Today’s gospel reading is one of those insights. It offers an unexpected slant on the harvest theme because it challenges us to leave judgments about value and worth until God decides it is time to make such judgments. When the reading starts, we expect to be told that the wheat and the weeds should not be allowed to grow together; but instead, Jesus tells his listeners that the wheat and the weeds should not be disturbed until they are fully grown, and then the harvesters will make the separation.

If this is a parable about the Kingdom of God, doesn’t it tell us that in that Kingdom room is left for surprises and for unexpected outcomes? Is there an opportunity for someone considered unwanted in their early stages to turn out to be of real value to the Kingdom when given time to grow and mature? Is there also an opportunity for our own judgments about what constitutes a weed and what constitutes good grain to change over time. We often hear experienced gardeners saying that there is no such thing as a weed - only a plant that is in the wrong place. Does the Kingdom of God encourage us to help people who find themselves in the wrong place to move into a better environment for their particular attributes?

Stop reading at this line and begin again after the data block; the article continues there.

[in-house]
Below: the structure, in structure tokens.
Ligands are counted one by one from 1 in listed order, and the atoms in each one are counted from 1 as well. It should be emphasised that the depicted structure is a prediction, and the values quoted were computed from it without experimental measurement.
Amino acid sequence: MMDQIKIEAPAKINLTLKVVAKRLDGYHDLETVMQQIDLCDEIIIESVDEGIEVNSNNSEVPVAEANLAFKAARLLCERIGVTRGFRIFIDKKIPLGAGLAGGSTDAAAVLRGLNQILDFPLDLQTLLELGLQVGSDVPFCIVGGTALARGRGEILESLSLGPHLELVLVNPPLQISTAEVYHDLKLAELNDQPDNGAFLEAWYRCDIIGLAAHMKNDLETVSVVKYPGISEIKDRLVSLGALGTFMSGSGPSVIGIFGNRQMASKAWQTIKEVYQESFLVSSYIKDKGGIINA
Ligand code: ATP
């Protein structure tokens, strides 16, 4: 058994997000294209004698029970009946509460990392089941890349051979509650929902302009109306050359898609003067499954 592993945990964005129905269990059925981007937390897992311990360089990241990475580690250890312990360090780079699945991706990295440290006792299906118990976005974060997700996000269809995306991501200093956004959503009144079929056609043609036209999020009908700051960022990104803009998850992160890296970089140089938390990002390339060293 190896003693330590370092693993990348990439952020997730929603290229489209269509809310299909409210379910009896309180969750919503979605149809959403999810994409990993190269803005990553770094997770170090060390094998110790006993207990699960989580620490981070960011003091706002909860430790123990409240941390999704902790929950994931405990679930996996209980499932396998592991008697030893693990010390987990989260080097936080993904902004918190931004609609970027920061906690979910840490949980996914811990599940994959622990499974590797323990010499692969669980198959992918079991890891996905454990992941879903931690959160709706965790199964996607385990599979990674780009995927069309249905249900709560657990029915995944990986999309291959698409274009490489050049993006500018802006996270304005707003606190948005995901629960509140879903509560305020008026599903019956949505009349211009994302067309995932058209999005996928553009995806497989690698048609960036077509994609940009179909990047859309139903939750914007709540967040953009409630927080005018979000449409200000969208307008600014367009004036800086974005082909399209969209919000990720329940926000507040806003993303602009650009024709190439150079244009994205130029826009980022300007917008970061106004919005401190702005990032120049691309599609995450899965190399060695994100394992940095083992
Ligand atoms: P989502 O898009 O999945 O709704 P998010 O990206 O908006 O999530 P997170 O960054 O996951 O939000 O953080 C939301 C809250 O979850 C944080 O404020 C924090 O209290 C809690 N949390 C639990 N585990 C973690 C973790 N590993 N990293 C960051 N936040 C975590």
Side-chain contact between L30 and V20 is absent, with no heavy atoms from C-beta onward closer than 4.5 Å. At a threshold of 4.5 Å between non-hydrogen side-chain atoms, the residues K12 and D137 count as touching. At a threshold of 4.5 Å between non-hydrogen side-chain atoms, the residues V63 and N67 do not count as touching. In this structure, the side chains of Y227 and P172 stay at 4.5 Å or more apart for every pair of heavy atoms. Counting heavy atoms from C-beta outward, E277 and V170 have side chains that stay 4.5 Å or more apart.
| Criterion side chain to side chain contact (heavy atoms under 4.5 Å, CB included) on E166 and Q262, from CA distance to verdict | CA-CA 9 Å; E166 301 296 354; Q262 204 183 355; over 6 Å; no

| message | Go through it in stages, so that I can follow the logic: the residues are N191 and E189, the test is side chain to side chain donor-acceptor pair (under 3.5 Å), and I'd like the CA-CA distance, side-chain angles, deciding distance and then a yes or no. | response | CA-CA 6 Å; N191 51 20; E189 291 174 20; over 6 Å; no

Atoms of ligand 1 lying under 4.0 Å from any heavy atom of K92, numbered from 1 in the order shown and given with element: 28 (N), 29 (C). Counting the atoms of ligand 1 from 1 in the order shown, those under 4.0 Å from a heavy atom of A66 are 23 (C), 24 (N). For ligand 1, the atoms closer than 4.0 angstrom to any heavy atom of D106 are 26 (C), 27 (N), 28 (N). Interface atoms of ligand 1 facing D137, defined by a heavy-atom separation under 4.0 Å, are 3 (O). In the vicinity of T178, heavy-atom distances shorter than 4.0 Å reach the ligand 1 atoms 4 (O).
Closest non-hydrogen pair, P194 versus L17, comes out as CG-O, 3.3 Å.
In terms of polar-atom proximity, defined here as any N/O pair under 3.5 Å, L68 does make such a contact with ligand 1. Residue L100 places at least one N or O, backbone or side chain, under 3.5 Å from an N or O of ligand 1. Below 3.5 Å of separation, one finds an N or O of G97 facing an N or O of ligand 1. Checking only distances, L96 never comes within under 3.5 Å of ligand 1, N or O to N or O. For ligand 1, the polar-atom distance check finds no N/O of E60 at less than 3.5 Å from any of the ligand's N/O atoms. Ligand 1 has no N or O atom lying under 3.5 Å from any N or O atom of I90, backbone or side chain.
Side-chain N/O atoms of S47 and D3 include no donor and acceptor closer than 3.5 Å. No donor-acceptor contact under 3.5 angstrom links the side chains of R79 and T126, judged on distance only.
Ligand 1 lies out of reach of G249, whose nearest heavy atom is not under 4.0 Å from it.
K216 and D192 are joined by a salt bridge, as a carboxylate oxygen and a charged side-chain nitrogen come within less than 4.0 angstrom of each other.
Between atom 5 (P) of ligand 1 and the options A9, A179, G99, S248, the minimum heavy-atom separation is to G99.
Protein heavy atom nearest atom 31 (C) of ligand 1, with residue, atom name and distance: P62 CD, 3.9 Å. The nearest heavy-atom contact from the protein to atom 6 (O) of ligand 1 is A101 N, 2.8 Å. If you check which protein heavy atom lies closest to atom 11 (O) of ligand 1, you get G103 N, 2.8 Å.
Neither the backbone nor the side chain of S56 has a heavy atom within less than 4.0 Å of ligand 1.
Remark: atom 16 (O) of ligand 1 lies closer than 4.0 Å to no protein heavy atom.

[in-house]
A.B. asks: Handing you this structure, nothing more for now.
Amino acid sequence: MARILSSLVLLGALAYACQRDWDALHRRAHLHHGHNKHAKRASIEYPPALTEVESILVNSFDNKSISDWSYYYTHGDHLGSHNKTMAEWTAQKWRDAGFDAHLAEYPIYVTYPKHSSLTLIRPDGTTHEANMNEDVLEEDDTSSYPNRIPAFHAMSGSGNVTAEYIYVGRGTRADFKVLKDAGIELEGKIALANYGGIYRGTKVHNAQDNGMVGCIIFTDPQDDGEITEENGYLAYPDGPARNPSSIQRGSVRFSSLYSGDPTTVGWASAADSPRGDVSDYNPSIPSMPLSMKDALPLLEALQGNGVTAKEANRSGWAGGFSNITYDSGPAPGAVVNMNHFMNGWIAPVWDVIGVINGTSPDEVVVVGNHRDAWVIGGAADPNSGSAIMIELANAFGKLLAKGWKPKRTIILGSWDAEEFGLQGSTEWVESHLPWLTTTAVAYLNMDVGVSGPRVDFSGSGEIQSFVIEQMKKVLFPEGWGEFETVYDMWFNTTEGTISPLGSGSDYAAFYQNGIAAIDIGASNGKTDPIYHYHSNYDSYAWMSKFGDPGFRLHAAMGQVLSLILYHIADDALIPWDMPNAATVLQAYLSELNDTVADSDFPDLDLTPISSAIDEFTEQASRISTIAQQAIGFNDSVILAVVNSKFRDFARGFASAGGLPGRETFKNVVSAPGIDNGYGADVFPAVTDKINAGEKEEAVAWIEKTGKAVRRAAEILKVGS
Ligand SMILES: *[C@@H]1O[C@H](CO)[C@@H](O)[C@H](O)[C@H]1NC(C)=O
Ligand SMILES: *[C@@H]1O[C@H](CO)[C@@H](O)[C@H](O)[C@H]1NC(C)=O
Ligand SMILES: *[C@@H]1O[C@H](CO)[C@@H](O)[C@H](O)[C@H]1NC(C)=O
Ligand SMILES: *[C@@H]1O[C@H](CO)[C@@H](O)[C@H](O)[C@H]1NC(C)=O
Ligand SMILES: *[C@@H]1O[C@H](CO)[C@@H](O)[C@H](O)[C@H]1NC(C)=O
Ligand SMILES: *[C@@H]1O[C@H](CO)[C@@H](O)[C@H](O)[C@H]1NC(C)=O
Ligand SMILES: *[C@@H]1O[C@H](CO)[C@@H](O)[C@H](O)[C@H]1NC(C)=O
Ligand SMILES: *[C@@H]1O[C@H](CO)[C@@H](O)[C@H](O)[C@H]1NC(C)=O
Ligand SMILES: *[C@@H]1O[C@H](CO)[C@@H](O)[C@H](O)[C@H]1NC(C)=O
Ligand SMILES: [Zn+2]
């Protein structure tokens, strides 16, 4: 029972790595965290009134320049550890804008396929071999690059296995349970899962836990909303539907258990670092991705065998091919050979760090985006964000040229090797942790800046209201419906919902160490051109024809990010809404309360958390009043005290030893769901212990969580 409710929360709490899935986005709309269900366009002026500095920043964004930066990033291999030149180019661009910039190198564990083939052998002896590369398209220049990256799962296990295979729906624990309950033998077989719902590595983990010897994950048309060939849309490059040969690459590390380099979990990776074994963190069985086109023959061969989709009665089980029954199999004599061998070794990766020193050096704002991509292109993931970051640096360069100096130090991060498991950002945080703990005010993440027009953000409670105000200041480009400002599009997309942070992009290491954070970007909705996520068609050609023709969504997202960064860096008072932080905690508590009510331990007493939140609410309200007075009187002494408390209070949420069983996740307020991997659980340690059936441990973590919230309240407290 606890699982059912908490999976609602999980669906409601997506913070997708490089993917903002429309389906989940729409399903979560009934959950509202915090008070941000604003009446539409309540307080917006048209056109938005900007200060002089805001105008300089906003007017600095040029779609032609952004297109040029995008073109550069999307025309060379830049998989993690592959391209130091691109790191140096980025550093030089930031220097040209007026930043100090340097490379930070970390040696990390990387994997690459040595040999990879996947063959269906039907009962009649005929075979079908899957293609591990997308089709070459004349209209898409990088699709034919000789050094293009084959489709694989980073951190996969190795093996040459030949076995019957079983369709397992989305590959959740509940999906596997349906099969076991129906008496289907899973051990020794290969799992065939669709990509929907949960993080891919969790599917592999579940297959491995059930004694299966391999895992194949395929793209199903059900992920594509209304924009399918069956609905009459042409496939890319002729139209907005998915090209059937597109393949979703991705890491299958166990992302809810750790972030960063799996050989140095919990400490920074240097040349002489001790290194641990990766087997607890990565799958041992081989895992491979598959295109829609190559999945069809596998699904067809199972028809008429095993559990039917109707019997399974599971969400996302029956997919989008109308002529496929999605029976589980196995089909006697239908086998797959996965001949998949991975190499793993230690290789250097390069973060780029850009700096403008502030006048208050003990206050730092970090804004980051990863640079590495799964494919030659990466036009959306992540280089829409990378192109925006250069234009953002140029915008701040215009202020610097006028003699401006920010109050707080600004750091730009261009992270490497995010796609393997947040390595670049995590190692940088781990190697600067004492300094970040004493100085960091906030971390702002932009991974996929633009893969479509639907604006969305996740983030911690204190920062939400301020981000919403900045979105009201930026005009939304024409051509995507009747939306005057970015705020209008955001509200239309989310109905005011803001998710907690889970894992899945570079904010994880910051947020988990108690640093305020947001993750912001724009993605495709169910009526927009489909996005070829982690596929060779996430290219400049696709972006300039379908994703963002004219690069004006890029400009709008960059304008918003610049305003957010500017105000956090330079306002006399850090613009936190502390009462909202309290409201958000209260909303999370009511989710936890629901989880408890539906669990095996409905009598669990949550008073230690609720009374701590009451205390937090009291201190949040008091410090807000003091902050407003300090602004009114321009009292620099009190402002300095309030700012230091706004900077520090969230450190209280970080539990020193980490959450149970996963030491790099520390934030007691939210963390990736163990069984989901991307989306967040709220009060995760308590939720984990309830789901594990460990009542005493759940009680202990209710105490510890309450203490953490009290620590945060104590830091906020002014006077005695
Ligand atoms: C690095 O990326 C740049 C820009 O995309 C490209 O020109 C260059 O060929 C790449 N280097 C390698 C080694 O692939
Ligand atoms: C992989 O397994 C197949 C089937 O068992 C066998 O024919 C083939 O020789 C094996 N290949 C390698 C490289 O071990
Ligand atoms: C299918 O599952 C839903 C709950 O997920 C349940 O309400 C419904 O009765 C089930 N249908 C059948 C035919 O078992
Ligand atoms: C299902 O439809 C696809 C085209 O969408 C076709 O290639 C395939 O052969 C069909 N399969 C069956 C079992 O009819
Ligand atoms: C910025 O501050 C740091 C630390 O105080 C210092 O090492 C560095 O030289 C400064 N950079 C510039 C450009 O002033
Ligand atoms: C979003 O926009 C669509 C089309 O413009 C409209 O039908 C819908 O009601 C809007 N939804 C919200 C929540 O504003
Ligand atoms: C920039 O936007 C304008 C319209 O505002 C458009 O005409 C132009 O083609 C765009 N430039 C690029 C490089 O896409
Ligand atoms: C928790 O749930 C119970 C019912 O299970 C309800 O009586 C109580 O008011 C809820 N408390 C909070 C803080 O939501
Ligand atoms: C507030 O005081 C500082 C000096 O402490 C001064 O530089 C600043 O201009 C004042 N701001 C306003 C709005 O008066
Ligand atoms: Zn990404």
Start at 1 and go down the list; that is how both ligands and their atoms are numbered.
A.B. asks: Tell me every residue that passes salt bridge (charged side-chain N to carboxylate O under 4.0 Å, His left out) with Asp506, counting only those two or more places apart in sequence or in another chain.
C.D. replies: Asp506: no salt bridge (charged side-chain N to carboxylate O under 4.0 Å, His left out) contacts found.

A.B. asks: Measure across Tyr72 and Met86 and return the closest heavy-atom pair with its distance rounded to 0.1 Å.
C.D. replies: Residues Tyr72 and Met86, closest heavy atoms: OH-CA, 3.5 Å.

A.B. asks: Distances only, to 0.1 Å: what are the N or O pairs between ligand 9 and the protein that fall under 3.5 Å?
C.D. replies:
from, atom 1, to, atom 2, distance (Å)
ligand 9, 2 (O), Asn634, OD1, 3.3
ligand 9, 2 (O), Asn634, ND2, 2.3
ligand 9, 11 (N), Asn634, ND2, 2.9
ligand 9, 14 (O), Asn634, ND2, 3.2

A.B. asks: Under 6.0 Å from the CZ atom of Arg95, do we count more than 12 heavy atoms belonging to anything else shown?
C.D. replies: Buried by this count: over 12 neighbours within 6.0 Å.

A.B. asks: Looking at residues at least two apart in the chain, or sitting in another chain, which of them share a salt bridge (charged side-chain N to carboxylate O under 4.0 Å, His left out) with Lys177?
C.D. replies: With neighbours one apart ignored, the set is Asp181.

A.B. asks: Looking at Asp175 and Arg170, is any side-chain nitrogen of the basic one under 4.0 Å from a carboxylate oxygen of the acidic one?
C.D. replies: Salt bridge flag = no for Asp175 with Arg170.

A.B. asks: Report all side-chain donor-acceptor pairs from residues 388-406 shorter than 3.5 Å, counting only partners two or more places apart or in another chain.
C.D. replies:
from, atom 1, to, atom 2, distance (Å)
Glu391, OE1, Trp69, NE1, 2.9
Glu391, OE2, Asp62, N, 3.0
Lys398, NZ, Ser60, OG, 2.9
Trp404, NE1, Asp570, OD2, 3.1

We can assume that some of Jesus’s original listeners will have experienced the destruction that can be caused to a field of grain by over-aggressive weeding. However the weeds may have got there, they can become intertwined with their neighbours and impossible to separate. The wise choice in the parable seems to be to avoid rushing to over-hasty action based on premature judgment. The long view is what is called for because God’s wisdom will ultimately prevail.

In today’s world, I can think of a recent debate where time was asked for, so that a deeper shared understanding of a complex issue could be allowed to reach maturity. And I was aware of some discontent that more time was given because the ‘weeds’ were thought to be holding back the growth of the thriving grain.

In my personal friendships, I can think of people who were unhappy in the situations in which they found themselves, and, as a result, they stifled the development of people around them. But when they grew in understanding, and transplanted themselves into new environments, they flourished and were a joy to those whose lives they touched.